The National Flood Insurance Program is a tough federal insurance program. There is a recent case which was thrown out of court because the policyholder tried to do it himself. [1] It is another example that when FEMA officials say the government Is there to help with your flood claim, you will find out differently very quickly if you disagree with them on anything.

The policyholder claimed that he was underpaid by the flood insurance carrier.  This is a fairly common scenario in any claims situation. The problem with the National Flood Insurance Program is that the laws and regulations are all skewed to be anti-citizen and anti-consumer.  There are many hurdles to overcome to prove your case and the deadlines to file the paperwork to preserve your right to challenge the insurance company’s assessment are high and quick.

In this case, the lawsuit was filed in state court rather than federal court and the date was missed to file the suit in federal court.  Dismissing the case, the judge noted the following: [2]


“within one year after the date of mailing by … the participating Write-Your-Own Company … of the notice of disallowance or partial disallowance of the claim may, pursuant to 42 U.S.C. 4072, institute an action on such claim against the insurer only in the U.S. District Court for the district in which the insured property or the major portion thereof shall have been situated.




An SFIP claimant must comply with the terms and conditions mandated by federal law to receive payment under the policy. See Flick v. Liberty Mut. Fire Ins. Co., 205 F.3d 386, 394 (9th Cir. 2000) (“Because flood losses, whether insured by FEMA or by a participating WYO insurer, are paid out of the National Flood Insurance Fund, a claimant under a standard flood insurance policy must comply strictly with the terms and conditions that Congress has established for payment.”): see also Cohen v. Allstate Ins. Co., 924 F.3d 776, 780 (5th Cir. 2019) (“Those seeking public funds are held to a demanding standard and are expected to comply with statutory requirements.”). “


If you have a National Flood Insurance Program policy, my advice is to hire a public adjuster right away to help you. There have been no extensions to file proofs of loss this year. I would suggest that those who are running this program think about stopping regulating by the letter of the law and rather than by the spirit of this insurance program.  The program was designed to help people when they need money and not be an impossible fight. Congress needs to look into this recurrent problem area.

Thought For The Day 

“Culture is more important than rules and regulations.“

Ruth Porat


[1] Jack C. Gunvordahl v. Selective Insurance Company of the Southeast, No. 3:20-CV-03015-RAL, 2020 WL 6914607 (D.S.D. Nov. 24, 2020)

[2] Id. at *3.

Today‘s 2 p.m. EST Livestream features two former insurance company adjusters turned “good guy” policyholder attorneys. Merlin Law Group attorneys Javier Delgado and Etienne Font worked as insurance adjusters in a prior life. Their practical understanding and appreciating what insurance companies and independent adjusters have to do to resolve claims helps in their practice today as policyholder legal advocates. They want to share some of that experience with you.

Javier and Etienne were recently involved in a large and hotly contested hurricane claim which was resolved during an arbitration hearing. Arbitration is not appraisal. Claims headed to arbitration versus appraisal should be handled in a slightly different manner. They will discuss many of those differences.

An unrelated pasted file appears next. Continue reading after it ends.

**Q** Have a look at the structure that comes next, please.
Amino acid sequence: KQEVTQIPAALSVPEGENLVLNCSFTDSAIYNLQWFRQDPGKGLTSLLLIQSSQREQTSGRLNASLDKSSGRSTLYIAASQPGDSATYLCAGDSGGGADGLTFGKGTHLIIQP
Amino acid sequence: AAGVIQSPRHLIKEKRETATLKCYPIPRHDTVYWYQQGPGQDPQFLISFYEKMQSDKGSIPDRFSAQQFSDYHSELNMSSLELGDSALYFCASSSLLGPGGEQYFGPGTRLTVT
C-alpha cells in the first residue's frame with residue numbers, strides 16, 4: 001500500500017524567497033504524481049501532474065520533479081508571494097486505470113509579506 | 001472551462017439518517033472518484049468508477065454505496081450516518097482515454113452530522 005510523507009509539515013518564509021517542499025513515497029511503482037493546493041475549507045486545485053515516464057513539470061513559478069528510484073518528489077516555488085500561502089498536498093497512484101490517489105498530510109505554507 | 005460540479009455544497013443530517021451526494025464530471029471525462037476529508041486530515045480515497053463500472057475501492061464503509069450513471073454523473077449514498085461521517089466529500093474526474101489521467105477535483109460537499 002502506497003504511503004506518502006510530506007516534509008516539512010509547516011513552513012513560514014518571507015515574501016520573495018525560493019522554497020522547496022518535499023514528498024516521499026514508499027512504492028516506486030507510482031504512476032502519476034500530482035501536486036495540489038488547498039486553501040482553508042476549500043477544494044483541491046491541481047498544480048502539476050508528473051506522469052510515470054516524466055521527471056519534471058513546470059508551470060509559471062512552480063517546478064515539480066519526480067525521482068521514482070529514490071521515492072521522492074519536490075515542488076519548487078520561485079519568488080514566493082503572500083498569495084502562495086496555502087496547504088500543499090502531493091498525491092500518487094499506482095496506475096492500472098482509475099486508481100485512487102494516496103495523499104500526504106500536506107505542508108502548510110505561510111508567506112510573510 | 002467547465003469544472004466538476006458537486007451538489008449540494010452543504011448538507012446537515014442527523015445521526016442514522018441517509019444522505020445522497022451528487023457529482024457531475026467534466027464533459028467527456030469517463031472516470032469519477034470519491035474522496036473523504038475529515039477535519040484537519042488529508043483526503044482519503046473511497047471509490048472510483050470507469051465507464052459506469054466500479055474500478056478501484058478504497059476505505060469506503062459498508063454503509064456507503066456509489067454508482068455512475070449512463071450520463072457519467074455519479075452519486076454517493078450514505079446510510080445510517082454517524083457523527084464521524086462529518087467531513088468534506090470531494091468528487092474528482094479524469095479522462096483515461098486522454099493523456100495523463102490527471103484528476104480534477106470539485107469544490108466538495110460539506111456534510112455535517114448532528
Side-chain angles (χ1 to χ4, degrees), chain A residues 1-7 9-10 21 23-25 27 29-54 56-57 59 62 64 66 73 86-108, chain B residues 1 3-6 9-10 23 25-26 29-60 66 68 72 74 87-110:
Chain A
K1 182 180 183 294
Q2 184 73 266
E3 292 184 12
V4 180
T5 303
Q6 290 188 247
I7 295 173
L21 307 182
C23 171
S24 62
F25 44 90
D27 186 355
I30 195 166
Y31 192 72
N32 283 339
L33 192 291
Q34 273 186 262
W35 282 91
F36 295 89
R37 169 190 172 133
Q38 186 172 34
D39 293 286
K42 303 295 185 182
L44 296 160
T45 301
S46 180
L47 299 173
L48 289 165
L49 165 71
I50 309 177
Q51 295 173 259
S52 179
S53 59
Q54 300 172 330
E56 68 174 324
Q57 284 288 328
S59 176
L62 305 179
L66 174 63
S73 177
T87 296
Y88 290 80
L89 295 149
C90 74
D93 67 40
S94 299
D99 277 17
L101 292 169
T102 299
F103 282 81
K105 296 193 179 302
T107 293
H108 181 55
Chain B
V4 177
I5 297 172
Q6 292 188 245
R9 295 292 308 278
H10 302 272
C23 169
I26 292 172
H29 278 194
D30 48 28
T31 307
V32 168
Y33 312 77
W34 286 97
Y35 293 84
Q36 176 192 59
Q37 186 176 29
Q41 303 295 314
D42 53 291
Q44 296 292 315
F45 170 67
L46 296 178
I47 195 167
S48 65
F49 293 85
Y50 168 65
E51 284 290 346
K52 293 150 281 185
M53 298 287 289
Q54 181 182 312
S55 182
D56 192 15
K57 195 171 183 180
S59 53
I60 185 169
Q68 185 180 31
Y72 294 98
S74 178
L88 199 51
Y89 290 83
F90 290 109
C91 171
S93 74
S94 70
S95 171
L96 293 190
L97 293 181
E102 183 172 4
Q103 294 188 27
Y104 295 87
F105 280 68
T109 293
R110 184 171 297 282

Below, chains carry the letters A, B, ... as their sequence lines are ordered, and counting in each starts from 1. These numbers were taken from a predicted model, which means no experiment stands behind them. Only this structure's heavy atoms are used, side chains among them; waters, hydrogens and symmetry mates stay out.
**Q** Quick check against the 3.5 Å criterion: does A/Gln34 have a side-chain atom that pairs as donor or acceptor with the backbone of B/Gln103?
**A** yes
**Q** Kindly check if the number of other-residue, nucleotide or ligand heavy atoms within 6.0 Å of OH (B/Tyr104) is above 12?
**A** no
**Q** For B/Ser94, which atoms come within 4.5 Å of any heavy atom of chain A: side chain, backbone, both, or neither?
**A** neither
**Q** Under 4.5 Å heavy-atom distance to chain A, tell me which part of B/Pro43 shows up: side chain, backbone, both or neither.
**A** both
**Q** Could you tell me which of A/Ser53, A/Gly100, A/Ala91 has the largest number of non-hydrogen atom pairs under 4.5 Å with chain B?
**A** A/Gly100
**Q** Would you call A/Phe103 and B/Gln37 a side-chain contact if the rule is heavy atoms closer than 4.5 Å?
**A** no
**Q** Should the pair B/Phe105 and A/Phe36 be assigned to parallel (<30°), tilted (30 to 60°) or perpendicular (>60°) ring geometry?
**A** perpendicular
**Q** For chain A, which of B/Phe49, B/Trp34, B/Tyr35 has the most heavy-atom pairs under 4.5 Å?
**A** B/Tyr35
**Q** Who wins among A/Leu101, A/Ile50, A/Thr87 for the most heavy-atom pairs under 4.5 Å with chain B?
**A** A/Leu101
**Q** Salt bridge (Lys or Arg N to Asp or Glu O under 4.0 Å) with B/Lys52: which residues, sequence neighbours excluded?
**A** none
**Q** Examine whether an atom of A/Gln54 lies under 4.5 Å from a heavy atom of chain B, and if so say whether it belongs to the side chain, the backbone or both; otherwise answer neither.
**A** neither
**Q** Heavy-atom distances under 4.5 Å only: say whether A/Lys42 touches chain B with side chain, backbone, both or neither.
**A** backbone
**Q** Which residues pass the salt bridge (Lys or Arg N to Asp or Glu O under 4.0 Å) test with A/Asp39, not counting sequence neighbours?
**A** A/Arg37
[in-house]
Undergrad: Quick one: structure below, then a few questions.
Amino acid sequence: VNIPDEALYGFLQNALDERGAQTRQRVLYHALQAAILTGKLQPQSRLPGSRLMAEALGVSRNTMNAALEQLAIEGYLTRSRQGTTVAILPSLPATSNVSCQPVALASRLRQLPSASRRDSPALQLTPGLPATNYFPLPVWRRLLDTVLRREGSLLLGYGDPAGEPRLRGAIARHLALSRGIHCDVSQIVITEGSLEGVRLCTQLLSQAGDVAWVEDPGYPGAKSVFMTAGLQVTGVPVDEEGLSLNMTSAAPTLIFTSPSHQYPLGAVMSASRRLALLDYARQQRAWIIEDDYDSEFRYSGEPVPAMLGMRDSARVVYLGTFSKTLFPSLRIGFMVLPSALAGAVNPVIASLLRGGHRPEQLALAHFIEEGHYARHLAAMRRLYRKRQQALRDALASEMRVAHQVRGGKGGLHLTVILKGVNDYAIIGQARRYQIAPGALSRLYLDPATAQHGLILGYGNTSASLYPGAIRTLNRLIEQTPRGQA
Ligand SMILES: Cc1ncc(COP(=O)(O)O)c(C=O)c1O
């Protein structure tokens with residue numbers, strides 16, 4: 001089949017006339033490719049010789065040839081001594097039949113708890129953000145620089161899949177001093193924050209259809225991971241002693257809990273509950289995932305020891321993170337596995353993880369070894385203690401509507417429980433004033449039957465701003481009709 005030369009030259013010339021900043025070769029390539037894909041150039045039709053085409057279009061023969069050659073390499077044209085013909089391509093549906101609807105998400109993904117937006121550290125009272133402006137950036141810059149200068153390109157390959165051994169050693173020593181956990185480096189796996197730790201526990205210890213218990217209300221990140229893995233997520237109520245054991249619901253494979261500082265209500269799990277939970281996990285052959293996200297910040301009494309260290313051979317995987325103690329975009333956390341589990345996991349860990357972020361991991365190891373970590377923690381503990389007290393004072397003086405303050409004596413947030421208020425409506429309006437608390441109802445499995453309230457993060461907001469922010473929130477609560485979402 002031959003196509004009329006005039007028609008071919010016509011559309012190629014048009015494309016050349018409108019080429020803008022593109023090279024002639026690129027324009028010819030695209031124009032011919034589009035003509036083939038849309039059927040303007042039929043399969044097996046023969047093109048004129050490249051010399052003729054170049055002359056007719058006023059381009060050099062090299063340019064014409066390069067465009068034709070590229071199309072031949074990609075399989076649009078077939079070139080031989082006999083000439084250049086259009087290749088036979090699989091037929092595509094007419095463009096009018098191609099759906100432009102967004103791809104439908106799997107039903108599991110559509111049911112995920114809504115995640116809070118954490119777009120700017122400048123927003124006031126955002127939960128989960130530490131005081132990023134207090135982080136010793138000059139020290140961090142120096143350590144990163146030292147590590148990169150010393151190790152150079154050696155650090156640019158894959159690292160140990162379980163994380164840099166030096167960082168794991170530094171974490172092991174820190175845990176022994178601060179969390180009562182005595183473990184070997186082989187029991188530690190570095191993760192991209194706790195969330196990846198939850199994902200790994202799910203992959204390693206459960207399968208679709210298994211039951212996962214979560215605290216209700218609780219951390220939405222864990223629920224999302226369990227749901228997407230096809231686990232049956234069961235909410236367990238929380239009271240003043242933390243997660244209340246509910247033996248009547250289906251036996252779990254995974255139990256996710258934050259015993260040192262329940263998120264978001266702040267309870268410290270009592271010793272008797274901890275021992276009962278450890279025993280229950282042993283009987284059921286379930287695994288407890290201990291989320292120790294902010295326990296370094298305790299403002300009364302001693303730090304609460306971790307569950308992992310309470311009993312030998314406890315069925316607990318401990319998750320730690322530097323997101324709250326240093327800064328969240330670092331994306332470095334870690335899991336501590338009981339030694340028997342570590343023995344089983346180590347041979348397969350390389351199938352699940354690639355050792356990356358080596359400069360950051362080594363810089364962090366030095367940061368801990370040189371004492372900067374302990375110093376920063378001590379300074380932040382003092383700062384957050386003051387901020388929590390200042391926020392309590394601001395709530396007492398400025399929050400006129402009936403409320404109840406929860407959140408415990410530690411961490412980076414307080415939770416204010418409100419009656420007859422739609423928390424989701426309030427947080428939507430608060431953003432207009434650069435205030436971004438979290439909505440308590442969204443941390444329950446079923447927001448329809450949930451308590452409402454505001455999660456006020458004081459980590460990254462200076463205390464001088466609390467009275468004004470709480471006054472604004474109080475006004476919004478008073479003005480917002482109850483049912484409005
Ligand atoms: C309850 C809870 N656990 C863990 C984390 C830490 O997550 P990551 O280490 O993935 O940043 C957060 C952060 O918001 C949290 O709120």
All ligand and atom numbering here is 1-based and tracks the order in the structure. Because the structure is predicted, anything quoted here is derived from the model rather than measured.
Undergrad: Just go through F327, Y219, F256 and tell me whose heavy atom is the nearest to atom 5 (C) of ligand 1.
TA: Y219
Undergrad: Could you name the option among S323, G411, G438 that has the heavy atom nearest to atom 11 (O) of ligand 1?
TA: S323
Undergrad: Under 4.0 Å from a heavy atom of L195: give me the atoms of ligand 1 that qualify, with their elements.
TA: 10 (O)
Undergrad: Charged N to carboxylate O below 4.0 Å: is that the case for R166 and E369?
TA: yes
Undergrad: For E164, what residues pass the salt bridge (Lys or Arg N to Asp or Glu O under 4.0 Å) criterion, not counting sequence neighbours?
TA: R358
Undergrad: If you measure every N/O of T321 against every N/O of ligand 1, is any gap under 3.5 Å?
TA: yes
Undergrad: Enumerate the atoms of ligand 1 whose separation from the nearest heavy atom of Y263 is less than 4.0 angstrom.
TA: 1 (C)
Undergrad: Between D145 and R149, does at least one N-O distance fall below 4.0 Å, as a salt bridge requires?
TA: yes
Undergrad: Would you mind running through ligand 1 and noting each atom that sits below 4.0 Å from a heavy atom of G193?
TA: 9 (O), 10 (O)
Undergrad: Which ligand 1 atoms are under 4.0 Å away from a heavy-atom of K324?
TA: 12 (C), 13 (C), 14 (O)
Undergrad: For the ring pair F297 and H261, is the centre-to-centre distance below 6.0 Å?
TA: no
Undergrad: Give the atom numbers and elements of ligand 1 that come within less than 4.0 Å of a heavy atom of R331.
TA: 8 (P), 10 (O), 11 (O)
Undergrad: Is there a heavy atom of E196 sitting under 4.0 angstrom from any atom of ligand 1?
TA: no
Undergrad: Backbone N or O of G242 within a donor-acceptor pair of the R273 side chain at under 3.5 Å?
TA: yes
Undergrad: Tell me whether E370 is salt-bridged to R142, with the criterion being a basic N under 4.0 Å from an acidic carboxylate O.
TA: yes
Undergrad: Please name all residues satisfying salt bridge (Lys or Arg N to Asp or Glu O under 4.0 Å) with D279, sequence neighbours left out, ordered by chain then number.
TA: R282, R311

Did you know that earthquakes happen in Oklahoma? They were also involved in and worked with Merlin Law Group Oklahoma City-based attorney Drew Houghton on an earthquake case which resolved following mediation. Earthquake claims are unique and happen all over the United States. Understanding those nuances is the second major topic of their Tuesday at 2 presentation. Hope you can join us!

Here is a link for today’s livestream.

Initially, it is beneficial to define just what exactly is meant by the phrase “regulatory estoppel” in the context of insurance policies. This theory is a form of equitable estoppel whereby insurers are prevented, or “stopped,” from asserting an interpretation of an insurance policy provision that is contrary to the insurer’s explanation of that provision to state insurance regulators when the insurer originally sought approval of the policy form from the state department of insurance. In layman’s terms, the insurance company is prevented from arguing that a specific policy provision has a different meaning than the meaning originally presented to an insurance agency or during a judicial proceeding.

The theory was first adopted (or successfully plead) in New Jersey in Morton International v. General Accident Ins. Co., 134 N.J. 1, 629 A.2d 831 (1993), but has consistently received negative treatment in most jurisdictions following that decision. In New York, for example:

“[T]he theory [of regulatory estoppel] … has received almost universal disapproval. It has been consistently rejected by federal and state authorities across the country and has never been adopted by any New York court. Indeed, at least two New York courts have flatly rejected the theory … I am aware of only one New York court that has suggested that the doctrine might be viable. But in that case, construing a different policy provision, the court held that there were no unequivocal representations about the meaning of the provision to warrant application of the theory.”[1]

As this case illustrates, however, there is precedent in New York potentially supporting a viable application of regulatory estoppel against insurance companies on behalf of policyholders. In Tozzi v Long Is. R. Co., the court provided a guide to successfully pleading this potential theory. In justifying the theory, the court stated as follows: